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Situation: I am working as a product manager on a product that is designed and implemented by our software engineer contractors.

Due to insufficient delivery quality of the contractors and given that I have strong technical skills, my employer has decided to give me the full ownership of the product, including the design and implementation responsibility.

Positive aspect: This will allow my company to save a large amount of money and will provide me with much more responsibility since I have to perform everything on my own.

Challenge: My employer knows that I already have the skills to perform this new task (based on my previous job experience) and therefore wants to assign me this new role without a raise.

Question: How would you tactfully tell your employer that the new role you got is much more senior and deserves an adequate compensation?

PS: My employer is not specialized in software engineering and is therefore not able to assess the true benefits an experienced software engineer / software architect would provide.

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  • What steps have you done so far? Boss told you that you are now in charge of the design an implementation... what was you answer then? You mention that before the implementation and design was done by contractors (plural, I imagine several people, some designing, some coding, some leading, etc.)... Does this "new role" of yours include all of that?! Or will you now have other people who report to you and you lead them towards the design and implementation?
    – DarkCygnus
    Jul 4, 2023 at 21:50
  • Does this answer your question? How should I properly approach my boss if I'm feeling underpaid?
    – gnat
    Jul 5, 2023 at 7:01
  • If this is a US situation, then the OP probably doesn't have a contract. Jul 5, 2023 at 15:13
  • How is having more responsibility a positive aspect? And how is it a positive aspect that your company is saving a lot of money, if you're not gettng any of it?
    – user140582
    Jul 7, 2023 at 23:23
  • You mention that the company will save large amounts of money. Make a list of all the positive aspects that the company will achieve by raising you to a senior role. Then use this list to negotiate how much of a raise you want for taking such responsibility.
    – Elerium115
    Jul 14, 2023 at 14:08

4 Answers 4

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An open dialog with your employer is probably a good starting point.

If that fails use the opportunity to gain some experience and take it with you to someone who will pay your worth.

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    This is a contract change. Mention that a new contract needs to be written up, then look at the compensation and go "Hmm, this seems to be exactly the same as my current compensation, why is this?"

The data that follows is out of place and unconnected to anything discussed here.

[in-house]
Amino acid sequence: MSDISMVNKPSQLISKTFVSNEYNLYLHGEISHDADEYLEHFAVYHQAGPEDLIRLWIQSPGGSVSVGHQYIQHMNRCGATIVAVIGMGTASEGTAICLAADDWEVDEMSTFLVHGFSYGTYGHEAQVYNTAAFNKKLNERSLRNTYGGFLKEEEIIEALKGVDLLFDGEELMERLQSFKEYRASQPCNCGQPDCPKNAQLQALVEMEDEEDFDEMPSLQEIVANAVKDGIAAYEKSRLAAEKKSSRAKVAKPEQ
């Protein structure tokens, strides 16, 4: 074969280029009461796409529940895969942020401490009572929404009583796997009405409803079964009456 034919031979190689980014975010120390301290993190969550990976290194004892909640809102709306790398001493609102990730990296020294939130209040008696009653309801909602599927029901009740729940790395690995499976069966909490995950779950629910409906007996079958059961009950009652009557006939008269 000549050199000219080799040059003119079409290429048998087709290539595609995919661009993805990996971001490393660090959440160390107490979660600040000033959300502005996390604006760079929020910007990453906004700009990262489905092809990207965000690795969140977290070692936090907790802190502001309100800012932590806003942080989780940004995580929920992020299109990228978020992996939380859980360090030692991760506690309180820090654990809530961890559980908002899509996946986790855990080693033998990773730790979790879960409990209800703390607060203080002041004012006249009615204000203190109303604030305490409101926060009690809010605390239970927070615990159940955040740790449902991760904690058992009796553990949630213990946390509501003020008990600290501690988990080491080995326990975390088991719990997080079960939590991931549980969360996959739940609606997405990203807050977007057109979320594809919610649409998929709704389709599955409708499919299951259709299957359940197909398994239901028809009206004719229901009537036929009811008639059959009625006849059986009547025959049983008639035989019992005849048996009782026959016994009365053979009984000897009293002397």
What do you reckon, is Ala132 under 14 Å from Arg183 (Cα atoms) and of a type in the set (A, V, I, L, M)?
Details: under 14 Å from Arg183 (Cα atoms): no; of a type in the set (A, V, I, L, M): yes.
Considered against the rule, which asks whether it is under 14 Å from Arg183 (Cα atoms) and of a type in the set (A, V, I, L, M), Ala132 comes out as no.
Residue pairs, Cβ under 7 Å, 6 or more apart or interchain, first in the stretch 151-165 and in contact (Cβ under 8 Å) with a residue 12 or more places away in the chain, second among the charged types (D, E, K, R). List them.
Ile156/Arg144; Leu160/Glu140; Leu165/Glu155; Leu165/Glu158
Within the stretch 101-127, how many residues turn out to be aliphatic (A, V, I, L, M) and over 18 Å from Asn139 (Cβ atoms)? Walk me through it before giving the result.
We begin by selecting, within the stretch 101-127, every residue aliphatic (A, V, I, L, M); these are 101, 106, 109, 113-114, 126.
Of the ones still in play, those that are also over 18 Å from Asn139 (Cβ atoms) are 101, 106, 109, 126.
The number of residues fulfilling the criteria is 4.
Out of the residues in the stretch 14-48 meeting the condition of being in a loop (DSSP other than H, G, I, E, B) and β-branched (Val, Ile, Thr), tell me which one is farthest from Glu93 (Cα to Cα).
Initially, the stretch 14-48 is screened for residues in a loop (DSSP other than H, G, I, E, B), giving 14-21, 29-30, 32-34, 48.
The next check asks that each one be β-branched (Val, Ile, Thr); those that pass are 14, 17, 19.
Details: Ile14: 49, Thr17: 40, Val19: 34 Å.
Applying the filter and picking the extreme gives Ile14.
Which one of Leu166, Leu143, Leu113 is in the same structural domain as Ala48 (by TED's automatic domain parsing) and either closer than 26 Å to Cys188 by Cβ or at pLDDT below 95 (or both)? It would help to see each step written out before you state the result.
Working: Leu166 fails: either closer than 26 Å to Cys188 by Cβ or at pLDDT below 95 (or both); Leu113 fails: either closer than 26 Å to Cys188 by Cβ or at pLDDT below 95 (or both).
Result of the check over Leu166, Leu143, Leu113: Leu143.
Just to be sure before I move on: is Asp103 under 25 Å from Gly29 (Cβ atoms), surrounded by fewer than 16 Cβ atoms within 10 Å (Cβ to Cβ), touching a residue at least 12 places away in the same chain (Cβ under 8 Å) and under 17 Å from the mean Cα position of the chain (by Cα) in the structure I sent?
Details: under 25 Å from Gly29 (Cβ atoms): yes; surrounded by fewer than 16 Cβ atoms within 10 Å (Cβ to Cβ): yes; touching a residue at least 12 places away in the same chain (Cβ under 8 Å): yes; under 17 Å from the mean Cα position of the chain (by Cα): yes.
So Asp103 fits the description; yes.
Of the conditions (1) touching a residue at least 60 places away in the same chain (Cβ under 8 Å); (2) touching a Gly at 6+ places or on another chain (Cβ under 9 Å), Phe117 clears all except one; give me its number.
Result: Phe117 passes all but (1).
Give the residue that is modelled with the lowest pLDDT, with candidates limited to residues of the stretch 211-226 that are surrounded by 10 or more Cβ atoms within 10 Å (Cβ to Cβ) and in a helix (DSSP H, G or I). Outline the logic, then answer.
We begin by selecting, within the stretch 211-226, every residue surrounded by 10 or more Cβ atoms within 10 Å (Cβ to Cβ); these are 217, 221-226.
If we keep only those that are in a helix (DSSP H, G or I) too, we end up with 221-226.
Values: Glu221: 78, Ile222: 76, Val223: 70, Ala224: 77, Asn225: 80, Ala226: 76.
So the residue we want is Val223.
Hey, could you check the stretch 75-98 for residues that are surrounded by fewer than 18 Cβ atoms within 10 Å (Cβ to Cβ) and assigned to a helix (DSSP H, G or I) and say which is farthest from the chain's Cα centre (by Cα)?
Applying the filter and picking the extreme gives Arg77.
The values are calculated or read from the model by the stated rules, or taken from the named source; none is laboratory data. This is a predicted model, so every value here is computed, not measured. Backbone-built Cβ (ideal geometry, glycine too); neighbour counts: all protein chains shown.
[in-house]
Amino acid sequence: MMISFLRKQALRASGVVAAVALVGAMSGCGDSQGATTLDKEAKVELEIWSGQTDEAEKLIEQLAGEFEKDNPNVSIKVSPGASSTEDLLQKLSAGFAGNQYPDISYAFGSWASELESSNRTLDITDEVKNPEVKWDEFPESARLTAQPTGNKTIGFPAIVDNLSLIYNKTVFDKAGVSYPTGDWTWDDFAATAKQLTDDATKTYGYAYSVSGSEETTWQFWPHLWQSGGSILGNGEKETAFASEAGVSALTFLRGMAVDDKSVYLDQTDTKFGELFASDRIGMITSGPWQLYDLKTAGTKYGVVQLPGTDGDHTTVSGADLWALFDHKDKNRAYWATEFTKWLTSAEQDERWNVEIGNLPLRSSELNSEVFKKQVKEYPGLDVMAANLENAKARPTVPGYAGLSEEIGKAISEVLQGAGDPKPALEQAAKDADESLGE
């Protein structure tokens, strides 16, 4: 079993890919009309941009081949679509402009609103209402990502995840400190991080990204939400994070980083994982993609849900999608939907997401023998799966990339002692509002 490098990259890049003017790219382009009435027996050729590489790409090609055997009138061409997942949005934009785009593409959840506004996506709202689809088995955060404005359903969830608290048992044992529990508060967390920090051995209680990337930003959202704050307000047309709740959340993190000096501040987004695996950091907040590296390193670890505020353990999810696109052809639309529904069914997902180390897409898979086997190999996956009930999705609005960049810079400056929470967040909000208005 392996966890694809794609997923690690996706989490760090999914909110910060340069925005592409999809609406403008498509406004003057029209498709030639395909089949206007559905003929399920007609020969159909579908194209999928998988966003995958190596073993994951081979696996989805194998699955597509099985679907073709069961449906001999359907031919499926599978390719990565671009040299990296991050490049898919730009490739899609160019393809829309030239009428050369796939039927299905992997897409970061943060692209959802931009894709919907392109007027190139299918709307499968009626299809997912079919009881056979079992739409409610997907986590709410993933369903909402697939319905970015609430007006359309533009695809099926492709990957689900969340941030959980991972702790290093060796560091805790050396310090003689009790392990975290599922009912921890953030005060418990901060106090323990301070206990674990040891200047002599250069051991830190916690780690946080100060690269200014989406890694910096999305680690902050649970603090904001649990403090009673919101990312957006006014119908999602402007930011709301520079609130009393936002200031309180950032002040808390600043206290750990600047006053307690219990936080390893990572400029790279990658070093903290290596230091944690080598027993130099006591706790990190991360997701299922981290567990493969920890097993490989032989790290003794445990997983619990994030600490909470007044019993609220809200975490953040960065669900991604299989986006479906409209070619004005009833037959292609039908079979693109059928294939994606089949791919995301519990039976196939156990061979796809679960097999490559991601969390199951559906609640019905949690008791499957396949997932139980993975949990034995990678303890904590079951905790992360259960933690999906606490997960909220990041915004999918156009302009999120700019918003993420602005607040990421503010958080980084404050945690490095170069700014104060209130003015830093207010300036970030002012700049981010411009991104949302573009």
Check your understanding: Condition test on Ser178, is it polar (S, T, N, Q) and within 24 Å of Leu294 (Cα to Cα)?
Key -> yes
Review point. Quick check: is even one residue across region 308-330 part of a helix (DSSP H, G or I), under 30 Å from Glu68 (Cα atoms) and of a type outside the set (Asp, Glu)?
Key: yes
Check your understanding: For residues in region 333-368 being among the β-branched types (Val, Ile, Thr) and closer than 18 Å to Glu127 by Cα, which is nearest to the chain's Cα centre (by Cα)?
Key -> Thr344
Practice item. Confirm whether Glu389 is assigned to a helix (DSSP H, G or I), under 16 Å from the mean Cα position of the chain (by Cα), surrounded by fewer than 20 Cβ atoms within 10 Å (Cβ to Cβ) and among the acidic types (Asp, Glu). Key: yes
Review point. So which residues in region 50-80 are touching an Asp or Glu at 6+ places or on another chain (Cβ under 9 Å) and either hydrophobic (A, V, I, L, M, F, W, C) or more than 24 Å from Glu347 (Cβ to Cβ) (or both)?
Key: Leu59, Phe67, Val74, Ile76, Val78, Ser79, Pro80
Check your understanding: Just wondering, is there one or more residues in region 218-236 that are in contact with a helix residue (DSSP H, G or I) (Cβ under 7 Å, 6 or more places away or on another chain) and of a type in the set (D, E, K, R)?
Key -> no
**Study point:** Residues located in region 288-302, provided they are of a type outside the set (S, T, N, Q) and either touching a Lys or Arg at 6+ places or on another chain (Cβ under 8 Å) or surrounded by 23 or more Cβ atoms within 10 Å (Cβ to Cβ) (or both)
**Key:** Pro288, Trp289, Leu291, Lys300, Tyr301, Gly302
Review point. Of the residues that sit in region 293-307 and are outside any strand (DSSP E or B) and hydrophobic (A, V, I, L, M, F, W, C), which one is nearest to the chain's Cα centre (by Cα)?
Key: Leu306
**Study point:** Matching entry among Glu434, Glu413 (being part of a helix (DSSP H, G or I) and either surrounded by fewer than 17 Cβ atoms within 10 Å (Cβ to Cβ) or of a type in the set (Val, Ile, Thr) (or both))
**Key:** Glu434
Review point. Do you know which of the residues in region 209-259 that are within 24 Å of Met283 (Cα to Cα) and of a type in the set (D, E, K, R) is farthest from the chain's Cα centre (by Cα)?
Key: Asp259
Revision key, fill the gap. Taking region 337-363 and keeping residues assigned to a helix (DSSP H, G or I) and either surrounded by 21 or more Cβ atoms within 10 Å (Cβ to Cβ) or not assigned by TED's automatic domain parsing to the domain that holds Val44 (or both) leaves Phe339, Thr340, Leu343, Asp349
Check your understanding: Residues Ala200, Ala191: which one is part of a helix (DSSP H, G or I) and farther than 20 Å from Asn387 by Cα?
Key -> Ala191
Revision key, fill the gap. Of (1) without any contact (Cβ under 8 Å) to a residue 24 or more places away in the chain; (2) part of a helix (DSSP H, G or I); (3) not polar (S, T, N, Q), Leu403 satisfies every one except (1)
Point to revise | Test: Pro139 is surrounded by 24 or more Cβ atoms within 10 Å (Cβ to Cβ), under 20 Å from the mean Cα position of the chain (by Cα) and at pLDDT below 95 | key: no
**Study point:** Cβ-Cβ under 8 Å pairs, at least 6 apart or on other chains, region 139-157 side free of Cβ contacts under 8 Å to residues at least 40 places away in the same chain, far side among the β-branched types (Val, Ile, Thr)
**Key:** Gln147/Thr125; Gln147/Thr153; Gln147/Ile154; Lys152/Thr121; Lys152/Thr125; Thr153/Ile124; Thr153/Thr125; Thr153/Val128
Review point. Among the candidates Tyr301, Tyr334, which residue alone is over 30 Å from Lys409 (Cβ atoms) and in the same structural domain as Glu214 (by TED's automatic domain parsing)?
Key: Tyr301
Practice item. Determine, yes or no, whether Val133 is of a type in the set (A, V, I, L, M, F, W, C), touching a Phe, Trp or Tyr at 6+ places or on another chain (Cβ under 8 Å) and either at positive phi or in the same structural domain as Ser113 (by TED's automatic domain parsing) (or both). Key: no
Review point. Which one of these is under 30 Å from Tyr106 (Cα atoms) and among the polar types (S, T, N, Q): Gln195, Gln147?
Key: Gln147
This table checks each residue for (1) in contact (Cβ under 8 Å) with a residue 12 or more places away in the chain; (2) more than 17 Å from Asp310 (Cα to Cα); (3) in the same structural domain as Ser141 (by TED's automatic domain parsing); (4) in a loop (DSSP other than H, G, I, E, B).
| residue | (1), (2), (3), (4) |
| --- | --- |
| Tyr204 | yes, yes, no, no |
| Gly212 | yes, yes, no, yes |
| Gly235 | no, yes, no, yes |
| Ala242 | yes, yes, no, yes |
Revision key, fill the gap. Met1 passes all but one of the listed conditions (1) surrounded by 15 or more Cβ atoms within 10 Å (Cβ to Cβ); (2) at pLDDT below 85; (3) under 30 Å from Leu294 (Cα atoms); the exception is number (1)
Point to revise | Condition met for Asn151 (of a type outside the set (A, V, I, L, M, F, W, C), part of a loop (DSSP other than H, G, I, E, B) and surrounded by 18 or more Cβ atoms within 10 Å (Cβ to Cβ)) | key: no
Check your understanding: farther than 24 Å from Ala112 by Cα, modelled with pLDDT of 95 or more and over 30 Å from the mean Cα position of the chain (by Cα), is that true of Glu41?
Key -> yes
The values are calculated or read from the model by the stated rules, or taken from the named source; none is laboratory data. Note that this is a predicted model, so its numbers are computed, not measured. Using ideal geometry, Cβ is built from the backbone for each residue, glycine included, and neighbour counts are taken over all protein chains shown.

– Nelson
    Jul 5, 2023 at 5:04
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    The answer is concise and to the point. Most likely outcome IMO is the second sentence, but by all means, give your employer a chance to match market value. If they're smart, they will. Too many don't.
    – bytepusher
    Jul 5, 2023 at 22:45
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Is this actually a promotion to something more senior? You're going from managing a project to having to do all the work yourself. While you may have many valid reasons to ask for a pay rise, I don't think there's any increase in seniority here, only a shift of roles.

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How would you tactfully tell your employer that the new role you got is much more senior and deserves an adequate compensation?

There are some clarifications needed to have the whole picture (does your boss expect you to do all the work of a contractor team on your own? for example), but in the meantime I'll answer the best I can.

To do it tactfully, I would first thank them (your boss) for the trust and recognizing your good work as to be given these new responsibilities. Then, I would ask a detail of what the new role involves and what would be my new responsibilities or people who report to me, etc..

I know you know (or may know) what those new responsibilities are, but it's important for the other part (your boss) to also know them and list them.

Then, I would politely (but assertively) ask about what steps follow now to have these new responsibilities and role reflect on your contract. The other part will now have to say that there will be no new contract (or that yes, there will be, and problem solved for you).

If told that there will be no contract or no new title or similar (red flag #1), then I would state that, as this comes with increased tasks, responsibility and seniority, what would my salary be for this new position.

If told there is no raise you got your second red flag, and you should carefully decide what to do next. (I can think of: take it, insist on raise, start looking for other jobs)

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Note that in some companies standard practice is to give you a raise after you have demonstrated advanced skills, not in anticipation of you demonstrating them. And/or to only consider raises at a specific time each year.

Don't assume. Ask whether the new role comes with a raise, and if not what you would have to do in this role to help him justify giving you a raise.

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